Take time to think about what you have learnt from the various interactions, research tasks, performance analyses, and teamwork etc. that took place during each of the five rounds of play. You should have already captured some of this during the activity. Now, you should be seeking to articulate your experience, feelings and evaluation of the activity in terms of any personal and professional impact upon you. Note that if you did not participate in Icarus, then you will be unable to reflect and therefore forgo the marks available for this section.
In addressing this task you should ensure that you do not just describe each round of the Icarus activity but rather reflect upon the learning experience through evaluation, analysis, conclusions and ultimately provide your future plans for enhancing your professional practice.
Overall, the reader is seeking to be provided with a written account that captures your critical thought process of reflection. Accordingly, the marking criteria for Section 2 will consider overall cohesion but with particular emphasis on the quality of your evaluation, analysis, conclusions and action plans.
Please note that if you use an alternative reflective framework you should state what it is and cite its author. The marking criteria will still be seeking evaluation, analysis, conclusions and action plans (on a scale of up to 10).
In responding to this requirement you should, clearly, certainly refer to relevant MScPAcc materials as appropriate. You are encouraged to also draw upon other materials, as appropriate, from other sources. Ensure that your response is not just descriptive but also reflects analysis, evaluation, conclusions, and plans. There are a number of sources freely available concerning the art and science of reflection. Feel free to draw upon such sources. Alternatively you may wish to read Appendix A of this document.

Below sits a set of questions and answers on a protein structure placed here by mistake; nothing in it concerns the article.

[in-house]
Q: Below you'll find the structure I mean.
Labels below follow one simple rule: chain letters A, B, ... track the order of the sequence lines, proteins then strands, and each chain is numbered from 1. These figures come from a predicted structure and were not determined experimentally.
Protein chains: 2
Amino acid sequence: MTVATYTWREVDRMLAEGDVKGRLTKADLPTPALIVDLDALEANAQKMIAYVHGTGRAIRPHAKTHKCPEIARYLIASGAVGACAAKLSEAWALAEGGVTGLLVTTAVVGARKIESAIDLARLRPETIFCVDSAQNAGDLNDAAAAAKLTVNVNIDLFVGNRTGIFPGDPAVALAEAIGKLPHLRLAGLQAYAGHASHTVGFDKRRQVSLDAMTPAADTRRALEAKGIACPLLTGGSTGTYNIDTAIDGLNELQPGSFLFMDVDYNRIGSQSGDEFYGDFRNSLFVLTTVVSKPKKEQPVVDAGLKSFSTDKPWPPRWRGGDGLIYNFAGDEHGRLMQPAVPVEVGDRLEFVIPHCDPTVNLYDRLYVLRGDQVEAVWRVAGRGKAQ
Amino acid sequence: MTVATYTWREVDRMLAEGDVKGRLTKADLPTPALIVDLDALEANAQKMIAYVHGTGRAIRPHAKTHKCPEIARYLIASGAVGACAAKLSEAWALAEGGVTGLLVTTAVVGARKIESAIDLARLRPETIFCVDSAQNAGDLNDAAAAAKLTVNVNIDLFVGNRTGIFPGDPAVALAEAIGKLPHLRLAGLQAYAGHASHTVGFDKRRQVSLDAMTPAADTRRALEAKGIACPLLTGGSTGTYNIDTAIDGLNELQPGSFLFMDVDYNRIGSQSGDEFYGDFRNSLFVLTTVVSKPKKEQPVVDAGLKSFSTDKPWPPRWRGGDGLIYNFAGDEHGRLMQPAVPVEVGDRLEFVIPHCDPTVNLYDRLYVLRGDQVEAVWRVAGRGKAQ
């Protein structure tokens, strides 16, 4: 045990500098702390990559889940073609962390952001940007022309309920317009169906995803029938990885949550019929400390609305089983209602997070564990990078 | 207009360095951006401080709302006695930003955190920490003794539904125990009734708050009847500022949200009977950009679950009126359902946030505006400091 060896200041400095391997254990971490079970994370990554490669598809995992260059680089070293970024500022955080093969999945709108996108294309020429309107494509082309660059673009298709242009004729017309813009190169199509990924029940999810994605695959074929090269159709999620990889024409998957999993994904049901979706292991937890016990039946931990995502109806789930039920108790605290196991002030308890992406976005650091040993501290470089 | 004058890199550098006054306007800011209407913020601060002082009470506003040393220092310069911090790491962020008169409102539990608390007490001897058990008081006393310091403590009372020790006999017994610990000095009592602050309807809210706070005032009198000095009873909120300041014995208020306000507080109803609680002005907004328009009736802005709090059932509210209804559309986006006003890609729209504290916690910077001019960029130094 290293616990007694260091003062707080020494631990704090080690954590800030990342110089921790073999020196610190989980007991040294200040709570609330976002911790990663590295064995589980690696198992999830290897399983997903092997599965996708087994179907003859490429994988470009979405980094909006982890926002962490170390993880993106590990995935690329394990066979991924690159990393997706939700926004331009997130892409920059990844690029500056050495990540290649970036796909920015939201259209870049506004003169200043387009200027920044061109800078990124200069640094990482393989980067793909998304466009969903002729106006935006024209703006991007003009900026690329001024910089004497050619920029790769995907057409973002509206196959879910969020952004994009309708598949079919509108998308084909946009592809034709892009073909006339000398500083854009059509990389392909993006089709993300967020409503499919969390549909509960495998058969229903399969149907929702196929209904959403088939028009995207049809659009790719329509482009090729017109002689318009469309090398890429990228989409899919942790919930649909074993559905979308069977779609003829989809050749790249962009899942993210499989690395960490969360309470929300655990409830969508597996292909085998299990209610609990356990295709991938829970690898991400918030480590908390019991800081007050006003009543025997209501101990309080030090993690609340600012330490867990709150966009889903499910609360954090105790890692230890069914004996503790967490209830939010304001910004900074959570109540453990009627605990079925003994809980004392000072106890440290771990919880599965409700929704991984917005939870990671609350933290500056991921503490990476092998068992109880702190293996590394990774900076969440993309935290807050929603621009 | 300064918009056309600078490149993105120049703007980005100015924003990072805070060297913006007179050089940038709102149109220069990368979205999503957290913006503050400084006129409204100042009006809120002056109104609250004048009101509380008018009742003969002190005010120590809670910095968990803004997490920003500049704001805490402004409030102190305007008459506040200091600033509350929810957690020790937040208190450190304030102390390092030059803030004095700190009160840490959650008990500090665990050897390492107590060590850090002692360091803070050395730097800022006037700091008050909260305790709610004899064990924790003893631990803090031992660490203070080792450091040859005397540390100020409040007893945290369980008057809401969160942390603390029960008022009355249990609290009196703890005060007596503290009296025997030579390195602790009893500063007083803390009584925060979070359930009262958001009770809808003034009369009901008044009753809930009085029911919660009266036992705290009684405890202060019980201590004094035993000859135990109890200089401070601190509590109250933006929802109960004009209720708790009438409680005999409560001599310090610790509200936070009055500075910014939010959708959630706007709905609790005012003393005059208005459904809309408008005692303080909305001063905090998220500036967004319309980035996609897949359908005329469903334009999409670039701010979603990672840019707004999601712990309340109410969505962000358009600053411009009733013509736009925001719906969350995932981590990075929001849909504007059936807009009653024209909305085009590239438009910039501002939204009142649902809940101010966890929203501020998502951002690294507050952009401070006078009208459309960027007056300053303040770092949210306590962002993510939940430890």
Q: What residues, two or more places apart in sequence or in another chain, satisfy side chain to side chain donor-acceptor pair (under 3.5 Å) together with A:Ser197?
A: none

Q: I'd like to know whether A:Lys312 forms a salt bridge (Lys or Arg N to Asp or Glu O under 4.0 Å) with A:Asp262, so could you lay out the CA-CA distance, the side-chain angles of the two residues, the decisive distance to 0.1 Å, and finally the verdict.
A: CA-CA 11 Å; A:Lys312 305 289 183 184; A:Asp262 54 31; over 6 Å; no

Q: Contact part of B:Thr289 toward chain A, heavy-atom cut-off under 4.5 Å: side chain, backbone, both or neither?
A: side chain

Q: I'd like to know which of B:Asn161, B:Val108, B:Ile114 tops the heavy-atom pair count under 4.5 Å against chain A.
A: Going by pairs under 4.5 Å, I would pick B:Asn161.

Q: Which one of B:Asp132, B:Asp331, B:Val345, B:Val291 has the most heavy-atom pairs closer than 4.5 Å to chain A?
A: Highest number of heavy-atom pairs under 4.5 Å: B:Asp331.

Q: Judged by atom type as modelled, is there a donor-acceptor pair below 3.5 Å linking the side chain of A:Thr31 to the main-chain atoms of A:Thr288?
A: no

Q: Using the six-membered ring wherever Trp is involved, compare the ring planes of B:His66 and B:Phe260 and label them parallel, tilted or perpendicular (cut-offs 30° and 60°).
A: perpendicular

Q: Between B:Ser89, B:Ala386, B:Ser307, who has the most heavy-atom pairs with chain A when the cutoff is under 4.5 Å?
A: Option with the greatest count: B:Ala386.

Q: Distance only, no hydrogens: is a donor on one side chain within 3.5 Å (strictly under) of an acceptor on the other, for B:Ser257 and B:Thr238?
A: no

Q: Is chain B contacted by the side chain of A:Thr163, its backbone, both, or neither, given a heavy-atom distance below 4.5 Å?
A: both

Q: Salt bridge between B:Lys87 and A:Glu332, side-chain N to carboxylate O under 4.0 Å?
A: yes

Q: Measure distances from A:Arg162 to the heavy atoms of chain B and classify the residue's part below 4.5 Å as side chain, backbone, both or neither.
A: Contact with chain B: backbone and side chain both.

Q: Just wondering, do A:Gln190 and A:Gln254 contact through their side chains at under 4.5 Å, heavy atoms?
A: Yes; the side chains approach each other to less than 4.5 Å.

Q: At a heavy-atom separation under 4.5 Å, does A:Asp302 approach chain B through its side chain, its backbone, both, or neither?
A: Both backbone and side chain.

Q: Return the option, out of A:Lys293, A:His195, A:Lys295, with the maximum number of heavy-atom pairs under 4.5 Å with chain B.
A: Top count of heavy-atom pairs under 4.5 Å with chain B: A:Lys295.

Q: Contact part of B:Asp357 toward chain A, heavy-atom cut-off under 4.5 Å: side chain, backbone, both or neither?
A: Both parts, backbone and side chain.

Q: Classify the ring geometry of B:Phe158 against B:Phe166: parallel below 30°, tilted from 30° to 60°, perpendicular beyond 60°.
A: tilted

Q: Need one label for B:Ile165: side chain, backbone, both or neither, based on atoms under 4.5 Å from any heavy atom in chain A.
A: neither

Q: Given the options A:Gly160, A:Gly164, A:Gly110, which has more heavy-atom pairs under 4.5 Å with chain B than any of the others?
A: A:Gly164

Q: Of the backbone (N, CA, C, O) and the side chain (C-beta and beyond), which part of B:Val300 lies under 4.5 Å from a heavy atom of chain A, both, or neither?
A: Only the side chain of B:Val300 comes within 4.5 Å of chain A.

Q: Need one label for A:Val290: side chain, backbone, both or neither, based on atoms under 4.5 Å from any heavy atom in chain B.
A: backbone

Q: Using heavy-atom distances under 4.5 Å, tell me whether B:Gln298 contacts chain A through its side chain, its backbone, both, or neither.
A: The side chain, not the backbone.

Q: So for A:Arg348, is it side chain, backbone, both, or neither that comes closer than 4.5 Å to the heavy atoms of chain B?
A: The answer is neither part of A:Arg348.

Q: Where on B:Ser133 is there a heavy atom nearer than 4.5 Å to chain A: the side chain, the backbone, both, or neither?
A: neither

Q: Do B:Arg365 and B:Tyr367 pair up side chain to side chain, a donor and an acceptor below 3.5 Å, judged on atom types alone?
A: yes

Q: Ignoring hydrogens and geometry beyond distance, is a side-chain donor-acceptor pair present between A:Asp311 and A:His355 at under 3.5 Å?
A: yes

To help you frame your thinking around being ‘reflective’ one particular model that may be of use is Gibbs’ Reflective Cycle or Model of Reflection (1988). This is depicted on the right and contains six categories.
You can use these six categories as a departure point as you embark on thinking and writing reflectively for each round of Icarus and indeed, for the final project when the time comes:
Do remember that your reflections on an event/experience/round can change over time as you reflect more and acquire more knowledge. Refine your reflections, perhaps by writing a longer, more descriptive account but focusing on key events/moments. Reflective writing is useful as a positive method to help identify and develop yourself and your skills. Often, we do not get a chance to do this.
Gibbs, G (1988). Learning by doing: a guide to teaching and learning methods. Oxford: Further Education Unit, Oxford Polytechnic